The Ascension of Christ in film: literalism, symbolism, etc.

Today is the Feast of the Ascension, when Christians remember how Jesus was taken up into heaven 40 days after his Resurrection. It’s one of the stranger bits in the Gospels — both difficult to understand, given our modern cosmology, and difficult to pull off visually — and most of what we know about it actually comes from the Book of Acts. So it’s not too surprising that most films about Jesus have tended to skip this episode.

Nevertheless, a few films have depicted the Ascension, often by mixing it with elements from other stories in the gospels, and even those that don’t depict it have often made a point of ending on a note that suggests Jesus has transcended this life in some way that parallels the Ascension. Here are a few examples.

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The Garden of Eden gets cameos in Noah and Son of God

I attended a preview screening of Son of God last week, and while it’s far too early to post a review of that film (it doesn’t open theatrically until February 28), producer Mark Burnett and the others who spoke at the screening were certainly keen to drum up interest in the film and its impending release; they asked everyone there to spread the word via social media, etc. So consider this blog post my small contribution.

One detail I did find interesting is the fact that the film begins with a montage that ties the story of Jesus to the stories in the Old Testament (using footage from the OT episodes of The Bible, of course). That means that this film begins, in part, with Adam and Eve eating the forbidden fruit in the Garden of Eden, just as Darren Aronofsky’s Noah will apparently do.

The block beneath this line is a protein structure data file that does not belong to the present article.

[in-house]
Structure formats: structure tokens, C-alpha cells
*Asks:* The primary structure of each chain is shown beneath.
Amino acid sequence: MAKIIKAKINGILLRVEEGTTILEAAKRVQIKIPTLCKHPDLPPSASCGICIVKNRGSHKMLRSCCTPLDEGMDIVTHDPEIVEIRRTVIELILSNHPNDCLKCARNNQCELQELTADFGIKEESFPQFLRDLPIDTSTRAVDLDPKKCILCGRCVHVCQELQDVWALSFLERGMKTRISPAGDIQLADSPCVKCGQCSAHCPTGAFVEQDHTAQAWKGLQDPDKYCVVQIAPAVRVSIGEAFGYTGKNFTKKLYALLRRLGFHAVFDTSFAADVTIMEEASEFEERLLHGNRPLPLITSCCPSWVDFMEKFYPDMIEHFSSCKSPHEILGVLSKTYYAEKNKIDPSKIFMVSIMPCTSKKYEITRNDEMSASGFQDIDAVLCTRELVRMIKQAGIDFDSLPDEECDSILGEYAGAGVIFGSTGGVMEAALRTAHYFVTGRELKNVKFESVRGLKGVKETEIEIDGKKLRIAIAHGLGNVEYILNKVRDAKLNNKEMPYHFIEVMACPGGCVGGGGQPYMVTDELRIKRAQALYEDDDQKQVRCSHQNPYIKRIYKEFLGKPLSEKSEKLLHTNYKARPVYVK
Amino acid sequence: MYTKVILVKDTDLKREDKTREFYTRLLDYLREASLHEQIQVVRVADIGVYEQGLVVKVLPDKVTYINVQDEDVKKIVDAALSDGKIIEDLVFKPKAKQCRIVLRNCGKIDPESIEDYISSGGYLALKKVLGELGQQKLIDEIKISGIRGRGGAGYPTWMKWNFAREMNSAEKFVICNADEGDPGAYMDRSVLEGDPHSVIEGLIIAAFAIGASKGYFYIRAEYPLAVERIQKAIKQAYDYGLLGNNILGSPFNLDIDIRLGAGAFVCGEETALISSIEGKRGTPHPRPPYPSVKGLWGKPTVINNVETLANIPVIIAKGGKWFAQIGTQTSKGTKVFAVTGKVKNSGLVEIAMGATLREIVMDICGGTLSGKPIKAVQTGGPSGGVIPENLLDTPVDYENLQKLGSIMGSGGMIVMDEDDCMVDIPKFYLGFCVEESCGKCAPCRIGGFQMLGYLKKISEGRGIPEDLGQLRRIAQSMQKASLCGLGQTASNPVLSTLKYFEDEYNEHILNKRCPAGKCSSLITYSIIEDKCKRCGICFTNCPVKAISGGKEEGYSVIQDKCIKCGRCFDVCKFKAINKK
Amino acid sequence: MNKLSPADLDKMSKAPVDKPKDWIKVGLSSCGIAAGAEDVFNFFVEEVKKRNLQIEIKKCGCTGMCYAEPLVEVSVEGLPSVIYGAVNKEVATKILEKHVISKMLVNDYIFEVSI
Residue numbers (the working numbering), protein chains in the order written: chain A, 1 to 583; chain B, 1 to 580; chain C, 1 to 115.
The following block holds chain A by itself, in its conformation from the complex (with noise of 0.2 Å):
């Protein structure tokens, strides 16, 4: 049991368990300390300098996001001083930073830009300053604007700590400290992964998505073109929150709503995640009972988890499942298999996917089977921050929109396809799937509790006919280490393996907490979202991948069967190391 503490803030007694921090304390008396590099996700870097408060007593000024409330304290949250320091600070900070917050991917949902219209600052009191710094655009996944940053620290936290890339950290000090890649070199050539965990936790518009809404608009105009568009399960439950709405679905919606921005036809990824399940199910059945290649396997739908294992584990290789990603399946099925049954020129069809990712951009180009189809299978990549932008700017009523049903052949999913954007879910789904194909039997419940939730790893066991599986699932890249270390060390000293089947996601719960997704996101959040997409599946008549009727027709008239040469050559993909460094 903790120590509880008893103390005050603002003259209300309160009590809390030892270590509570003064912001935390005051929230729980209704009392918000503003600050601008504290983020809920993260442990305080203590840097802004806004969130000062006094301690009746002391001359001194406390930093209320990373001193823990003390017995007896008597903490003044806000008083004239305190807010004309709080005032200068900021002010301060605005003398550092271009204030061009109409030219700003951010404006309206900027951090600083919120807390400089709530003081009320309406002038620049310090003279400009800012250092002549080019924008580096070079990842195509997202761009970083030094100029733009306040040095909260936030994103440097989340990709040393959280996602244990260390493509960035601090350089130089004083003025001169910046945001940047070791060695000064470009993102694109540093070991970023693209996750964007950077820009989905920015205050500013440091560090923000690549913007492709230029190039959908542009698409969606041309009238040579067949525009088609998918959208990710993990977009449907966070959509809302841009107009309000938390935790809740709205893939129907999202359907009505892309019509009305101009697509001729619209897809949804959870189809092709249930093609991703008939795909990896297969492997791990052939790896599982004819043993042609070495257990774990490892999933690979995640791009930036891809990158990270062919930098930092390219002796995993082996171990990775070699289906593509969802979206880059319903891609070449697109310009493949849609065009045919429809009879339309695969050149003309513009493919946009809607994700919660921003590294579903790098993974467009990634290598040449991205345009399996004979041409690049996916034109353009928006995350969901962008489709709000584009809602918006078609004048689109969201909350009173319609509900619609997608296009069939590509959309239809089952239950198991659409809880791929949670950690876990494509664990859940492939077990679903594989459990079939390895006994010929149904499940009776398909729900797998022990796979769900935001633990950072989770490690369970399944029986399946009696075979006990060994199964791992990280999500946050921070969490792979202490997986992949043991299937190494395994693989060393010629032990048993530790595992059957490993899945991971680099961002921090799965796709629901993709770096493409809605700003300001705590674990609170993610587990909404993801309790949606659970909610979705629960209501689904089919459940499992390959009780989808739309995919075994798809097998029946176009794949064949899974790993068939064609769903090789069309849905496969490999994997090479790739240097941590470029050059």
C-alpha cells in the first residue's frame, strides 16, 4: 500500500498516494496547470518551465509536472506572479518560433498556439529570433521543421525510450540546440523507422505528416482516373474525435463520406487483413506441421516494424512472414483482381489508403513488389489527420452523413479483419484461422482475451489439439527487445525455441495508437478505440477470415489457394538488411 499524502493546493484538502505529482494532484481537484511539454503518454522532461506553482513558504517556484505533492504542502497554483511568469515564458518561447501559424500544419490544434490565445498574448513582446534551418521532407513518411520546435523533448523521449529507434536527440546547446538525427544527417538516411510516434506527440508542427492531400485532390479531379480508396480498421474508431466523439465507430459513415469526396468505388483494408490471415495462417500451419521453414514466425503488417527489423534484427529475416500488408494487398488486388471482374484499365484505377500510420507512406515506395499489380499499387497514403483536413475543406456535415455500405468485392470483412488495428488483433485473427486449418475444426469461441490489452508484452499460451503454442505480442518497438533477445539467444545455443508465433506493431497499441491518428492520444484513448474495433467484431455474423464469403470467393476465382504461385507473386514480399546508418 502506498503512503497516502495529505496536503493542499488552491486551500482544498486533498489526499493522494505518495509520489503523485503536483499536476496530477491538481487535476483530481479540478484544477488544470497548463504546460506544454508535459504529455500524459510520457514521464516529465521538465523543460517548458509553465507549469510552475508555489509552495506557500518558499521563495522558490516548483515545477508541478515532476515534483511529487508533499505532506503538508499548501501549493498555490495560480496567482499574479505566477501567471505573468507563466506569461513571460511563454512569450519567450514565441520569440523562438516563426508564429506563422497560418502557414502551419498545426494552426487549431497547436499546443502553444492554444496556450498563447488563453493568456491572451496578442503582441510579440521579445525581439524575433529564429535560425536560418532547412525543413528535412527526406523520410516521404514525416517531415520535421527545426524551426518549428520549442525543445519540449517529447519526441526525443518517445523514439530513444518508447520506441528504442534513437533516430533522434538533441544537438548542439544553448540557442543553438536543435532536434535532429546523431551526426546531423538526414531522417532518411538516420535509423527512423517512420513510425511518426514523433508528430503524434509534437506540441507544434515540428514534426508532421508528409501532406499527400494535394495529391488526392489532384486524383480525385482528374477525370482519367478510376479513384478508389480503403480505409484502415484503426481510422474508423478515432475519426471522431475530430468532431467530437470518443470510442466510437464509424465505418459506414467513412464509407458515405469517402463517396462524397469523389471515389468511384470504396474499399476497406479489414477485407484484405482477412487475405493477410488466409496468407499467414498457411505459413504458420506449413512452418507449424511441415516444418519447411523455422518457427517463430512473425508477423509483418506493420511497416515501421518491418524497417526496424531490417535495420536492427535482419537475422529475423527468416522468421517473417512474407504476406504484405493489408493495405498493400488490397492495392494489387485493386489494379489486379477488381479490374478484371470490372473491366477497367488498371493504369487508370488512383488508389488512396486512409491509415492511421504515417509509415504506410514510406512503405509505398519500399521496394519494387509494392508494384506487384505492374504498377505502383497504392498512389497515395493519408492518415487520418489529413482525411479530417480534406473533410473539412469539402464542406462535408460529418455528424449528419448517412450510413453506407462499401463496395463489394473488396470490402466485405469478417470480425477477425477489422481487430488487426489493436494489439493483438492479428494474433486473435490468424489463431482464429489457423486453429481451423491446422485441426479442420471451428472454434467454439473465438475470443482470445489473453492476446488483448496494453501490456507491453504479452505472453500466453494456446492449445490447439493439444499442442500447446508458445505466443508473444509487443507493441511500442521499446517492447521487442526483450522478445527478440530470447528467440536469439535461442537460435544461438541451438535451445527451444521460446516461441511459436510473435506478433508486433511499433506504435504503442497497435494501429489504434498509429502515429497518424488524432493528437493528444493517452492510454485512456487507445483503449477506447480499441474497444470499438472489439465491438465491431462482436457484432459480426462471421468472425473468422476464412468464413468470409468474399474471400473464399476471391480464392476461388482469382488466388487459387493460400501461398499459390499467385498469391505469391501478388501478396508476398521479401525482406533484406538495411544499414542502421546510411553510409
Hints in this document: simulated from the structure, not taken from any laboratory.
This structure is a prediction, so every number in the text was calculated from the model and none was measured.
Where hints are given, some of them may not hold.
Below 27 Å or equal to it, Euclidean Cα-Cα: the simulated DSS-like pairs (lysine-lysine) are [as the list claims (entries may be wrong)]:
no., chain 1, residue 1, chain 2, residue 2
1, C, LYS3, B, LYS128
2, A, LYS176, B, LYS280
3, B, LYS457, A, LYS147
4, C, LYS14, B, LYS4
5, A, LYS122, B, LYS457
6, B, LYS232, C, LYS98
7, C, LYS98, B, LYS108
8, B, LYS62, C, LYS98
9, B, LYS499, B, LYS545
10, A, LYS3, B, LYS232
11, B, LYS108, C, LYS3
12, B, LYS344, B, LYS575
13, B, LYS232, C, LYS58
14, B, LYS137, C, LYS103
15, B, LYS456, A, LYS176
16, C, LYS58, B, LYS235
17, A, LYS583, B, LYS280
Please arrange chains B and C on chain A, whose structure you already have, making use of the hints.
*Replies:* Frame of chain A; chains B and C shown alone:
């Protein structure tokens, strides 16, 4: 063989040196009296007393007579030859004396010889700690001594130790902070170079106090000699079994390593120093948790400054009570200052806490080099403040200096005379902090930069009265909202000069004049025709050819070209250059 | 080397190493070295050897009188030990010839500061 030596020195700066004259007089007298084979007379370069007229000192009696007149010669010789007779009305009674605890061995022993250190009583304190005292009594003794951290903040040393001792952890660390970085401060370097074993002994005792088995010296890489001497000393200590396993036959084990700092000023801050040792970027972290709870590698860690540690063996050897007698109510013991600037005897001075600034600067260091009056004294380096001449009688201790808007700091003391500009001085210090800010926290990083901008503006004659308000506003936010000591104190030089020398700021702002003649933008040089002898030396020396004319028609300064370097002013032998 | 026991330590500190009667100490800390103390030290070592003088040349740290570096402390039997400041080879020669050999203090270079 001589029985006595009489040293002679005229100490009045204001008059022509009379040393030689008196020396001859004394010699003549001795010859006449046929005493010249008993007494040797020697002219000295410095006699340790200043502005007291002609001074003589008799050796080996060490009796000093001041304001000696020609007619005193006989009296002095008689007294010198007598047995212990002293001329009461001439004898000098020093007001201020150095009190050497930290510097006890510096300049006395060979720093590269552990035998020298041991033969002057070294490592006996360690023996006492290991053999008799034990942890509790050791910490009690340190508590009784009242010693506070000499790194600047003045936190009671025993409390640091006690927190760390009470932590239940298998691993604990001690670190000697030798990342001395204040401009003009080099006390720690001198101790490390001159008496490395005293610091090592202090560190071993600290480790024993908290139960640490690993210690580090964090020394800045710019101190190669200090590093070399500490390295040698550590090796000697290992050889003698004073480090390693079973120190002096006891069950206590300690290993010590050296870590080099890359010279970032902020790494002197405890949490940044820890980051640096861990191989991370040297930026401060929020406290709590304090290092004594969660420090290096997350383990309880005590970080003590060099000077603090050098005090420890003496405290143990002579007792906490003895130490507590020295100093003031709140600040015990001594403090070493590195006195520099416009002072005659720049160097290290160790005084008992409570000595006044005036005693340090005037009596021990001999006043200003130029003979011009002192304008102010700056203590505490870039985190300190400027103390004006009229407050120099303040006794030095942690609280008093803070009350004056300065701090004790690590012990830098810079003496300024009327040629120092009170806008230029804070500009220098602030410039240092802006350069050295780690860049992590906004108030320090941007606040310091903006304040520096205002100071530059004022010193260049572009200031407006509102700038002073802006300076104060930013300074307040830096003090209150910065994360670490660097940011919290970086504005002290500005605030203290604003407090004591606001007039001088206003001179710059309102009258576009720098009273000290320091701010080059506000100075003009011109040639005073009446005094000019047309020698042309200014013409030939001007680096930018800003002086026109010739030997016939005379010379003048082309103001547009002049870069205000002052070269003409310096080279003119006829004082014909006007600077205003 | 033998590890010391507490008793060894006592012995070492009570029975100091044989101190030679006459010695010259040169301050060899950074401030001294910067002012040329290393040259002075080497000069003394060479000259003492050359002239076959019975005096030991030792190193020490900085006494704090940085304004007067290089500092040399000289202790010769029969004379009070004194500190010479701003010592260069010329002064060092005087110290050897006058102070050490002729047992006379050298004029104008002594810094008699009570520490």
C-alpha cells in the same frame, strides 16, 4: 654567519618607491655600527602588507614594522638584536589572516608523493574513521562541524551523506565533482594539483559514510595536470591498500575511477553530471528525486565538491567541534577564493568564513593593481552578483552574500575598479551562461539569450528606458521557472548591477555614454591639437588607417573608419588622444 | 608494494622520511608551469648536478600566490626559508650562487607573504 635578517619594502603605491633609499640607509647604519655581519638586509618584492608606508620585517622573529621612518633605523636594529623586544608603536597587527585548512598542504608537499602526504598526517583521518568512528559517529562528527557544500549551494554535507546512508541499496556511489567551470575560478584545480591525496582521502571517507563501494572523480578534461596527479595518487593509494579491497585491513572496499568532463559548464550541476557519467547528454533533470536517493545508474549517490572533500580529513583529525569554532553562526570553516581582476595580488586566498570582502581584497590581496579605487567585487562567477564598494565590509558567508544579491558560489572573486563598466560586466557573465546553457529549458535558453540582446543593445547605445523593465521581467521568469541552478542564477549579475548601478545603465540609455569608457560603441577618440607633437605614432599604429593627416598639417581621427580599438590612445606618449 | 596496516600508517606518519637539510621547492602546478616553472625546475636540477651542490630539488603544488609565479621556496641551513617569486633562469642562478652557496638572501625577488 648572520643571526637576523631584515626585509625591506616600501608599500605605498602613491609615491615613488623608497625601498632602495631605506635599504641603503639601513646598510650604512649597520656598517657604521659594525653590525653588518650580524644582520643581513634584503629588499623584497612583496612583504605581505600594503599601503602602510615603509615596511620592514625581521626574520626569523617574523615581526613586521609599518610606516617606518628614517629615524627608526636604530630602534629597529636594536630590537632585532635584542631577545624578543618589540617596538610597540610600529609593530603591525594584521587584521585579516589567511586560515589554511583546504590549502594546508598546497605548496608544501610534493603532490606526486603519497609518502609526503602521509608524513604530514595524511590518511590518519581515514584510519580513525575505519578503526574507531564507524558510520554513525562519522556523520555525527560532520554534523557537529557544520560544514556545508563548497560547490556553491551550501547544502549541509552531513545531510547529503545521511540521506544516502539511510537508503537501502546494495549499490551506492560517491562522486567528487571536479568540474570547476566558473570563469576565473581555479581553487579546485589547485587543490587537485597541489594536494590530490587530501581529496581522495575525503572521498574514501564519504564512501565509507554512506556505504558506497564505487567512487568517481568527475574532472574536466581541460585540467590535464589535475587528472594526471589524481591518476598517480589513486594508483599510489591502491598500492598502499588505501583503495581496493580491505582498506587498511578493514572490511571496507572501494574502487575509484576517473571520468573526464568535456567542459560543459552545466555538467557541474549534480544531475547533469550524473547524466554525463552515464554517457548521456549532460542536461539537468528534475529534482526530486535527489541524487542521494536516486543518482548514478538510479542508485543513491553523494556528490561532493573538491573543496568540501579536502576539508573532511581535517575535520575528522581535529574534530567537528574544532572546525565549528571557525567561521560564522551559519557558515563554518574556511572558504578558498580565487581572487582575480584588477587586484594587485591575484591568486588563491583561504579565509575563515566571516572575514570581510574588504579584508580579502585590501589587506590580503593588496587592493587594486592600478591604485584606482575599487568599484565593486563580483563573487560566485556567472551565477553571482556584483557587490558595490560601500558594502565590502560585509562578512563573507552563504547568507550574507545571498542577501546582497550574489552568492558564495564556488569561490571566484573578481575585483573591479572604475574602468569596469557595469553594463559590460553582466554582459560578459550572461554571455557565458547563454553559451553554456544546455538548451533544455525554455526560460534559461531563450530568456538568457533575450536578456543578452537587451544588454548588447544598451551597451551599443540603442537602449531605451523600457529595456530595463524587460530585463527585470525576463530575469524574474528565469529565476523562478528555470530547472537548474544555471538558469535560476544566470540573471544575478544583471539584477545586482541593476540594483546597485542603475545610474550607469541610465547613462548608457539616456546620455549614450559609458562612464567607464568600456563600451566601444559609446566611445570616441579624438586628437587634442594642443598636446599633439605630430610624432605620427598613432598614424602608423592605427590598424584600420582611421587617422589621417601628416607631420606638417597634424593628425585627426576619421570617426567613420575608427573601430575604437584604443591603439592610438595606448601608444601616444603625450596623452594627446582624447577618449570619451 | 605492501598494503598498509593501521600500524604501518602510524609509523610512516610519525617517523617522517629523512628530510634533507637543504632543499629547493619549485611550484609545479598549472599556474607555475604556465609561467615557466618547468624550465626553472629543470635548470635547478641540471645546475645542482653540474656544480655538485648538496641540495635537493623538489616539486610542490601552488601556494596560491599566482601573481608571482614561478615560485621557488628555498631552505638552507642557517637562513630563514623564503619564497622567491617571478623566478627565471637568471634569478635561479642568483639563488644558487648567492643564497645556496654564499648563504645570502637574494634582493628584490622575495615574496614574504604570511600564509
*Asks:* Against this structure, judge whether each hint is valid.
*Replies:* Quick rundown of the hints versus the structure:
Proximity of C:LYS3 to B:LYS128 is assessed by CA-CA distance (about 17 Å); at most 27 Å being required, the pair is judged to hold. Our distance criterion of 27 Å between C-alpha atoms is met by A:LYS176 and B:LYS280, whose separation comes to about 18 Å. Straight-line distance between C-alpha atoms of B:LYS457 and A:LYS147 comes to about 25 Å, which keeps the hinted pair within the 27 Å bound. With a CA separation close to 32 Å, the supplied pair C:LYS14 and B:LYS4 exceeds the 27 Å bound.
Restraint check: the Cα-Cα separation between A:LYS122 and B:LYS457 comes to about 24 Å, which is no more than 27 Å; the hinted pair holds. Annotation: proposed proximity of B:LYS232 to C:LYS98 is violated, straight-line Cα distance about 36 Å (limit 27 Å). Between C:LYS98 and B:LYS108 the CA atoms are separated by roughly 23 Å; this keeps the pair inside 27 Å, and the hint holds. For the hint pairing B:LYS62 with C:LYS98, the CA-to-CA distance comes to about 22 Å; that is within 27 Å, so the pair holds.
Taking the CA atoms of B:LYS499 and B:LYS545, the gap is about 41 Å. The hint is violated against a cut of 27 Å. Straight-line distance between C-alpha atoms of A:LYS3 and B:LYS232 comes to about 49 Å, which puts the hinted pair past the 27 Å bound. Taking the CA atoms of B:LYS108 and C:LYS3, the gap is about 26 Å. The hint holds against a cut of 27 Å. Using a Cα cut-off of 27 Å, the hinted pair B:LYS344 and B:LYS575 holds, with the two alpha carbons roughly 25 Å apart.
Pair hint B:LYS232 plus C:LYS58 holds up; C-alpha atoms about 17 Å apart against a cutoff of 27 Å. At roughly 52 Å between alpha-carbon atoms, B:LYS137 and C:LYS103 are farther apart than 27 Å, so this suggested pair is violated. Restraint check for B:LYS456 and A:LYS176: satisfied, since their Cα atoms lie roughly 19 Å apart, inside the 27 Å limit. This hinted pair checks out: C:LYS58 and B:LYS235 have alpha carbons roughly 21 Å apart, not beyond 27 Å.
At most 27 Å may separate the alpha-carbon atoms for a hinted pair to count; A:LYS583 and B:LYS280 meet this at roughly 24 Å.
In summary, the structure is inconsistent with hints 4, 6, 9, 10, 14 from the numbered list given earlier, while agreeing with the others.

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Top Ten Jesus Movies

They’ve been making films about the Son of God for over a century. Here’s one man’s list of those that ascend to the top of the cinematic pack.

Of the making of movies about Jesus, there is no end. In the first three months of this year alone: Son of Man, which casts a black man as Christ and sets his life in modern South Africa, got positive reviews at Sundance; the makers of Color of the Cross, which also casts a black man as Christ, established a website with trailers for their work-in-progress; and New Line Cinema announced that Oscar nominees Keisha Castle-Hughes (Whale Rider) and Shohreh Aghdashloo (House of Sand and Fog) will star as the Virgin Mary and her cousin Elizabeth in a new movie about the Nativity, to be released in time for Christmas.

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